The Judicial Council selection and dismissal of judges, Supreme Court chair and vice-chairs, Judicial Council vice-chairs as well as members and chairs of disciplinary committees will be held in a secret ballot vote, according to the proposal drafted by Smer and approved by the parliament on June 24.
As of September, the legislation will introduce sterner rules for judges, including mandatory security screenings to determine their eligibility, the TASR newswire wrote. The changes are linked to the constitutional amendment sponsored by both governing Smer and opposition Christian Democratic Movement (KDH).
The approved bill also changes the way candidates are appointed to the Judicial Council and separates the position of the Judicial Council chair from that of the Supreme Court chair. [The constitutional amendment coupled with these changes also featured the enshrinement of marriage as a union between a man and a woman - ed. note]
The proposal also addresses disciplinary procedures, measures to combat the famous dilatory court proceedings in Slovakia and verification of incapability to work due to illness. Among other changes, the number of vice-chairs at larger-sized courts is increased and the tenure of court chair and vice-chairs is extended from three to five years.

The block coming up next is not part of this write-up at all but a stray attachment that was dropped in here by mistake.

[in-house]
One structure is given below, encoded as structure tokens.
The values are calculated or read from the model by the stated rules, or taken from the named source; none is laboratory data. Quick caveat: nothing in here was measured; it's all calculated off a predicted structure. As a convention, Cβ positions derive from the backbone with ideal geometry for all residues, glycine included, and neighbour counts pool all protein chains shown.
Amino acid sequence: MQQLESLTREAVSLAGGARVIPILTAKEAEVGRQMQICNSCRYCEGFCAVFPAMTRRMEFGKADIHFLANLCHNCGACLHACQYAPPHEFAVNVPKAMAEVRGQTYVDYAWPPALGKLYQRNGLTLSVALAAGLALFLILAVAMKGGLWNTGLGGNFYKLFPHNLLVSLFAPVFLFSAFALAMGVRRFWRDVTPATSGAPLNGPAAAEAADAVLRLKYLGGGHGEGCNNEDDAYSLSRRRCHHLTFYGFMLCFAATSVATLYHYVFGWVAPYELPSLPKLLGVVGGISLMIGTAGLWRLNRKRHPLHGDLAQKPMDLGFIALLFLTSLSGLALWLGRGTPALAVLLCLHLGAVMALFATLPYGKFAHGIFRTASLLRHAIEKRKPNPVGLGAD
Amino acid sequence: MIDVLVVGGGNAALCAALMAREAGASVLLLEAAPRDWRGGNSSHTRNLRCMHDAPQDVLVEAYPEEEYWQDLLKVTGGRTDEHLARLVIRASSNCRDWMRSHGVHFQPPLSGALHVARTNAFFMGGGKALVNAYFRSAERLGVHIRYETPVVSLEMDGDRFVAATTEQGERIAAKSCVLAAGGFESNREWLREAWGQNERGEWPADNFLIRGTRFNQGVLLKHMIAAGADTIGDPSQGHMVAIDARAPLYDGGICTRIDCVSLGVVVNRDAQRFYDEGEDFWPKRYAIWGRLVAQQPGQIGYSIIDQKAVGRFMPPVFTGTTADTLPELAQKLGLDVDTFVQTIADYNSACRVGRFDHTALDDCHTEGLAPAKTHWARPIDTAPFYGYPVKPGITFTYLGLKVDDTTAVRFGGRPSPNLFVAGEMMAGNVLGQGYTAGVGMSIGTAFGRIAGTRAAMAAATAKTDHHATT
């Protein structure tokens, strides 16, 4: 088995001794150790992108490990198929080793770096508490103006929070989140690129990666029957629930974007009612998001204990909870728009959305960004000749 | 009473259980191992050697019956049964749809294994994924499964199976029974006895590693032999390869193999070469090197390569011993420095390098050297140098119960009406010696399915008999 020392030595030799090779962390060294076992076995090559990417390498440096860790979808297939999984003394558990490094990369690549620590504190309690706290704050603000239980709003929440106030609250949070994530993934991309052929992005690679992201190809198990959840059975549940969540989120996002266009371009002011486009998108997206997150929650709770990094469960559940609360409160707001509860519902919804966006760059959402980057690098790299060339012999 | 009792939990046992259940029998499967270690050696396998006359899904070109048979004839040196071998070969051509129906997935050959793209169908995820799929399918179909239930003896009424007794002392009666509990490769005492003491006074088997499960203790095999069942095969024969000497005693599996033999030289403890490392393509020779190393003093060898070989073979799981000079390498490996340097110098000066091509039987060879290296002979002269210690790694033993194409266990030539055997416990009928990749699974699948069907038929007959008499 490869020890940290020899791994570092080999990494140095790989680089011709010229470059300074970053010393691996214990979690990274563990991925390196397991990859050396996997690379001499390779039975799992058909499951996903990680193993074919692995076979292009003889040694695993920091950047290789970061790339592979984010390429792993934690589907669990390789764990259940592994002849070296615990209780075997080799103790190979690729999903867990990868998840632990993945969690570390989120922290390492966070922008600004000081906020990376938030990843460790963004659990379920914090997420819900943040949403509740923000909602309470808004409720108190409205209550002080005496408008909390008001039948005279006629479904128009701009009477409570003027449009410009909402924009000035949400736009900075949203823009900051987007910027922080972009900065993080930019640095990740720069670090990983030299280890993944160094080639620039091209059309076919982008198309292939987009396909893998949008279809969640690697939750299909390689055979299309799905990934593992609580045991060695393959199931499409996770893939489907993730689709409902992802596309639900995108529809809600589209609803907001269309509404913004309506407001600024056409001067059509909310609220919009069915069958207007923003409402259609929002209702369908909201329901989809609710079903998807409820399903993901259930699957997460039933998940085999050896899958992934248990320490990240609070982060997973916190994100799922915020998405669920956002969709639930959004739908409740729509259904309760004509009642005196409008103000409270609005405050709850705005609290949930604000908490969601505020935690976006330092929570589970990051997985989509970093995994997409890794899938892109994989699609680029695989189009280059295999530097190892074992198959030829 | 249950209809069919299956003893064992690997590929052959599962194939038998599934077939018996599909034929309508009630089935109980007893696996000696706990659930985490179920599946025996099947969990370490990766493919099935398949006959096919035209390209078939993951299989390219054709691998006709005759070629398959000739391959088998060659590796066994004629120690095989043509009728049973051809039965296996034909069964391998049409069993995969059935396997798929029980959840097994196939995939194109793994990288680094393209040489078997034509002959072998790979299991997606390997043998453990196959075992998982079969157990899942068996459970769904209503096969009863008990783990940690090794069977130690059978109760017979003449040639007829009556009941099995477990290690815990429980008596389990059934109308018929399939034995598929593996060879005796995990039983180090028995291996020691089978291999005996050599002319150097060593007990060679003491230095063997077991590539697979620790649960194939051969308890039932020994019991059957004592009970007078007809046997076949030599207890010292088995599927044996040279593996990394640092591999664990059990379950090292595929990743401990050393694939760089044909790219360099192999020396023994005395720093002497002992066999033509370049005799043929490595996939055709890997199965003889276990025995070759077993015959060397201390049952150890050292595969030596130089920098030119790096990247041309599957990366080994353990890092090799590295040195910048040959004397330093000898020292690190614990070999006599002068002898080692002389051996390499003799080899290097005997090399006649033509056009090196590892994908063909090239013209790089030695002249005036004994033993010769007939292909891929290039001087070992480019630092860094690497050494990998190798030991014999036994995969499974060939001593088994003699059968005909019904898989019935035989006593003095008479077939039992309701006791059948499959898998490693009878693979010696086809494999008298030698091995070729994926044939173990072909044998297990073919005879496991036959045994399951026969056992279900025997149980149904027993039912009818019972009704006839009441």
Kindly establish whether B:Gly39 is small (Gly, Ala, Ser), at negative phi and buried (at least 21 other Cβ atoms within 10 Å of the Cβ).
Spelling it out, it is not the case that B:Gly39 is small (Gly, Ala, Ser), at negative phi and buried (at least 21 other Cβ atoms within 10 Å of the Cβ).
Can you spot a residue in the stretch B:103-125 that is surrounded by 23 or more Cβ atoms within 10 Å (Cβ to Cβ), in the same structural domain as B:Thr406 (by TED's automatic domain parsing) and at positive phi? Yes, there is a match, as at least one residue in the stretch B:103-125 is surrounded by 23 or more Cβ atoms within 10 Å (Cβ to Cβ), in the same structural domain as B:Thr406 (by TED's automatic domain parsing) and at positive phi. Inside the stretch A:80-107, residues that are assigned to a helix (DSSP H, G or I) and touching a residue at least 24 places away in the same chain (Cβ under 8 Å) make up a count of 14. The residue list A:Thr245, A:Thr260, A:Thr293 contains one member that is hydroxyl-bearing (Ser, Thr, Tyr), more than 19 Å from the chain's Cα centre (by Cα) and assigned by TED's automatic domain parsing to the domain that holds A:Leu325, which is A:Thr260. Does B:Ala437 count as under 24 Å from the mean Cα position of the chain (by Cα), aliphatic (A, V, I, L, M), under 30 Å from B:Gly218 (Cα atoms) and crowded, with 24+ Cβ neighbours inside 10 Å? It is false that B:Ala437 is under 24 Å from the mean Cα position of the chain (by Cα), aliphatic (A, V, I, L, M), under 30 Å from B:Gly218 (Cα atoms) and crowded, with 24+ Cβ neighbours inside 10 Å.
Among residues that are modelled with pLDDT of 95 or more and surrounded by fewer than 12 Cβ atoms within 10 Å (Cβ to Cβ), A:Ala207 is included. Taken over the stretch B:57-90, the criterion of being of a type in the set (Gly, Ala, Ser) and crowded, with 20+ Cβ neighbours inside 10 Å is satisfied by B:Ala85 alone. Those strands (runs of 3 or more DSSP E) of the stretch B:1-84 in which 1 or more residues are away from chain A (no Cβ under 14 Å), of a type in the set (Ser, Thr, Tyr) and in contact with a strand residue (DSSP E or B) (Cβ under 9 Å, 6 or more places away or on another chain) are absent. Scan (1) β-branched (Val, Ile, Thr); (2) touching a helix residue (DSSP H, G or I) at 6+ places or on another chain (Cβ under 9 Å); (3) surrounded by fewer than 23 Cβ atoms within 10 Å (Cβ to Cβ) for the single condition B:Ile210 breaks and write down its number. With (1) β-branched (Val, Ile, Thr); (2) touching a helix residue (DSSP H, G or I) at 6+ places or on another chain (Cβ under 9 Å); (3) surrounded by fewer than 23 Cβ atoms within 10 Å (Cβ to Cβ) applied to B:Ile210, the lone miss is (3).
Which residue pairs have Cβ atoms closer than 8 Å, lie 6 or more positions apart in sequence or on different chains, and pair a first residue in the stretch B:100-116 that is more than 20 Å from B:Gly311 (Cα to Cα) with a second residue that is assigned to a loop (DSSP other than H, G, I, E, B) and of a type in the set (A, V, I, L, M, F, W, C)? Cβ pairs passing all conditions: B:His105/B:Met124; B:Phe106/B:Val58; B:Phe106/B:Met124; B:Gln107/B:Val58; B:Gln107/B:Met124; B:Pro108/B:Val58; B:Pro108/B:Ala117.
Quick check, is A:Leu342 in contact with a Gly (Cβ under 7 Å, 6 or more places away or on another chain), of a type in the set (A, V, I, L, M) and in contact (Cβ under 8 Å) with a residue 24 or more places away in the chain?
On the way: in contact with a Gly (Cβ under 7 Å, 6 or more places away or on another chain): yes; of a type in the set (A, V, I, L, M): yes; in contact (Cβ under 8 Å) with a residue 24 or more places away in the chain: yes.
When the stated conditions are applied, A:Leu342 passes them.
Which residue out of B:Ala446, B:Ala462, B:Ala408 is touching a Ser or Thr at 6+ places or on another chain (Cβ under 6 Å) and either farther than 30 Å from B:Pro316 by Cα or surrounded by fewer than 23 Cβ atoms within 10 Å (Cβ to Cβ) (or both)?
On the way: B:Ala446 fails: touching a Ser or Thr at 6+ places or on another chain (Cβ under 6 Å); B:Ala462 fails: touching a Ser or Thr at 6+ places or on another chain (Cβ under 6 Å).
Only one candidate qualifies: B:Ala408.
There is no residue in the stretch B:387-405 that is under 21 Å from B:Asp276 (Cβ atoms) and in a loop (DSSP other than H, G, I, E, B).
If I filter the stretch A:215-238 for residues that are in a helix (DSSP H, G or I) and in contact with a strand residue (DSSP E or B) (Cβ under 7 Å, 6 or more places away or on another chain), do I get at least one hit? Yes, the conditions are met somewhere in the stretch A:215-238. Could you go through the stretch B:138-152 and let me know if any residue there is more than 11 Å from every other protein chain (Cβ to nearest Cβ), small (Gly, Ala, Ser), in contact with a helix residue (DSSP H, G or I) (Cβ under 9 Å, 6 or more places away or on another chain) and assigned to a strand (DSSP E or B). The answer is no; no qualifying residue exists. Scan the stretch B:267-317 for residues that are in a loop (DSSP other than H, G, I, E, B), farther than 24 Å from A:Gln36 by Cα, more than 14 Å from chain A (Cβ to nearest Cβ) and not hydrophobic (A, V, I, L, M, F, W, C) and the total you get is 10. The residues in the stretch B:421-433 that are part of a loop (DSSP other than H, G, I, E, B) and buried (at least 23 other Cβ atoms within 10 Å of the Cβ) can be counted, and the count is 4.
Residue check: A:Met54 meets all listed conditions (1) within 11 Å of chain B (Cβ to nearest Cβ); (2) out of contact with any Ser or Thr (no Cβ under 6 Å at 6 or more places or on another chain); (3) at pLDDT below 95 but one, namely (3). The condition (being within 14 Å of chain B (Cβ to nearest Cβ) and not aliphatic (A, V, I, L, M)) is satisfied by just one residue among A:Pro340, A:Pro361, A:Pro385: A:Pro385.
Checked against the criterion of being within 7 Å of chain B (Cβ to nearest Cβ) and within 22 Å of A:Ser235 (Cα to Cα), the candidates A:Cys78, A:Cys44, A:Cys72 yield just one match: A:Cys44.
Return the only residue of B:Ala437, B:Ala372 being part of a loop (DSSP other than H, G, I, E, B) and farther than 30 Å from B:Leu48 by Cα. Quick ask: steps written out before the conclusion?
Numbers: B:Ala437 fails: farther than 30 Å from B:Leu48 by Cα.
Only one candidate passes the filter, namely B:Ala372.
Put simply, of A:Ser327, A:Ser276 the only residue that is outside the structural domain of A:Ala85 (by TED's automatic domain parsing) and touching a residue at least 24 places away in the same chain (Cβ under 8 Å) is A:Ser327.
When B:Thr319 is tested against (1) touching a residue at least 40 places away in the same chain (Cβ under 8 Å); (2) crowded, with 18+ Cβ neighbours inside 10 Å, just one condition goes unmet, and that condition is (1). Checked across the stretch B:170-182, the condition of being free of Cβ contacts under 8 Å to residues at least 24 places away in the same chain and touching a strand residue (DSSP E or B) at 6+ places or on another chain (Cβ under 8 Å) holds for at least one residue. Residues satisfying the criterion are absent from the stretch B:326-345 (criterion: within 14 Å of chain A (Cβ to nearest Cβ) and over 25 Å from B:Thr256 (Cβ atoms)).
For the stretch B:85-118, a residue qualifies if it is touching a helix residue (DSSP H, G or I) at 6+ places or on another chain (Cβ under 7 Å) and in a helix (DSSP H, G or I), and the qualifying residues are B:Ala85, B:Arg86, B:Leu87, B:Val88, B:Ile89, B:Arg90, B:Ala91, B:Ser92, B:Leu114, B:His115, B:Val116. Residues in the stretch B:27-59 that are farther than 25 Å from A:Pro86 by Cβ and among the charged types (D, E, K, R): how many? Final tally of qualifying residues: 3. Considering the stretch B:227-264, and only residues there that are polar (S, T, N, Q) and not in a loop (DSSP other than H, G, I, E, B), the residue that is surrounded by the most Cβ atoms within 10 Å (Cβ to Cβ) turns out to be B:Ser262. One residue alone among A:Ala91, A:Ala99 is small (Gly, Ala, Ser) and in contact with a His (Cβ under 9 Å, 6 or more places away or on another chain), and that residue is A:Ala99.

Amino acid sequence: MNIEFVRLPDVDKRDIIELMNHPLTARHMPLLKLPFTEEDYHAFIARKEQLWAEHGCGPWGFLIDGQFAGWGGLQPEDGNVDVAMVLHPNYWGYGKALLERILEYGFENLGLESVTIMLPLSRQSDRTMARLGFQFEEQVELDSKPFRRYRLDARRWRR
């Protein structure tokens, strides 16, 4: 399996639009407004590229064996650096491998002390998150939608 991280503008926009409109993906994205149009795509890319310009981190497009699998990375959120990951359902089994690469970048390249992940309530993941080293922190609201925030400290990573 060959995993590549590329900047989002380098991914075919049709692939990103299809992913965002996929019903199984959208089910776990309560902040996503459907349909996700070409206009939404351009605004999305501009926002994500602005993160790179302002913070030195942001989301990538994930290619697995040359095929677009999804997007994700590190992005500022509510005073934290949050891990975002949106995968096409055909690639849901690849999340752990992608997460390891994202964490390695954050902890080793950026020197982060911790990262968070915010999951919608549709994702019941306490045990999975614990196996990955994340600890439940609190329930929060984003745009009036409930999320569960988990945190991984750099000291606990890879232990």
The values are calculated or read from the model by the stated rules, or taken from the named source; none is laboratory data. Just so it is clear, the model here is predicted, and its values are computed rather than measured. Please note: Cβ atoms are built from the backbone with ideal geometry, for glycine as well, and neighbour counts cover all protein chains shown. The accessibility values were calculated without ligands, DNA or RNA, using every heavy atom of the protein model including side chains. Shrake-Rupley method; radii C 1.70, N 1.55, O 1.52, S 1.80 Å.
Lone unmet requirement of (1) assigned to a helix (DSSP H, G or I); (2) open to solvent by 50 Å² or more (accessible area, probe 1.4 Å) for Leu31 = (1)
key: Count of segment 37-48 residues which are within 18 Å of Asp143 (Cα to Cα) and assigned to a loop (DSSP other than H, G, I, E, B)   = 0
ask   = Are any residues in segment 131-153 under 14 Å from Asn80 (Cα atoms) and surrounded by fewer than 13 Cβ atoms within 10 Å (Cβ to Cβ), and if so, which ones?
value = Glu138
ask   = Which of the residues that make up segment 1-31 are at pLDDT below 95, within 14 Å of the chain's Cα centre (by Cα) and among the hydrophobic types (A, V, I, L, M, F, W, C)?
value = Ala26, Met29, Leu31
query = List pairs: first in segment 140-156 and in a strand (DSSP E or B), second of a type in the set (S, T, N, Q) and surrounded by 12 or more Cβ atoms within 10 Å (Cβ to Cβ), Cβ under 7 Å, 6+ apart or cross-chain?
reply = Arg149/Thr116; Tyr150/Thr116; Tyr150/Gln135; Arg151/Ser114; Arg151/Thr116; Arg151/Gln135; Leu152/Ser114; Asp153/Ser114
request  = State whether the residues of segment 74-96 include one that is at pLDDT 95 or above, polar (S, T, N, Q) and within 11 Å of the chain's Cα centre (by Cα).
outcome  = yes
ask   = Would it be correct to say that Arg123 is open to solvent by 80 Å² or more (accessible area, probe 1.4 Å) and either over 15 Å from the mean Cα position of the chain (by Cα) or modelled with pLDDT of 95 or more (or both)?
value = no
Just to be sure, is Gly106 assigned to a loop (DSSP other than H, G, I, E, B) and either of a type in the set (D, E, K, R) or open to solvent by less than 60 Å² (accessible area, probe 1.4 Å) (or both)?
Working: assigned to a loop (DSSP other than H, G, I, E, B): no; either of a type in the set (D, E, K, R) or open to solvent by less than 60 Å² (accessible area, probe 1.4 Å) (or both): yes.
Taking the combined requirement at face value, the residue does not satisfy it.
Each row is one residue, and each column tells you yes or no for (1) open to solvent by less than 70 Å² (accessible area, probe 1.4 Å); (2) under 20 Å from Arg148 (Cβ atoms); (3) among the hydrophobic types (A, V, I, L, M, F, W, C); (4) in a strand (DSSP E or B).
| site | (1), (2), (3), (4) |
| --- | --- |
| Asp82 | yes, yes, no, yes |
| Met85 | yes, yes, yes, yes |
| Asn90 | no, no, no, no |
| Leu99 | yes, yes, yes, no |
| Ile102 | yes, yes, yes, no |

All votes on personnel issues of judges, their appointing or recalling, of members of disciplinary senates and selection of judges representing Slovakia at international organisations will be closed to public, the SITA newswire wrote. The bill was elaborated by Smer MPs Boris Susko, Anna Vitteková, Otto Brixi and Anton Martvoň and it partially connects to the constitutional amendment of Smer and KDH that should tighten up the rules for judges.
The secret votes will worsen the state of Slovak judiciary, the Via Iuris organisation claims. If Štefan Harabin is elected for the chairman of the Supreme Court, public will not learn which of the Judicial Council members voted for him, Via Iuris warns, as quoted by SITA. The organisation added that other votes of the Judicial Council, too, evoked serious concerns about the bias and qualification in decision-making of its members. Via Iuris opines that the secrecy on the votes of council members will bring even more questionable personnel decisions, as the pressure of public opinion will decrease.
(Source: TASR, SITA)
Compiled by Zuzana Vilikovská from press reports
The Slovak Spectator cannot vouch for the accuracy of the information presented in its Flash News postings.
25. Jun 2014 at 10:00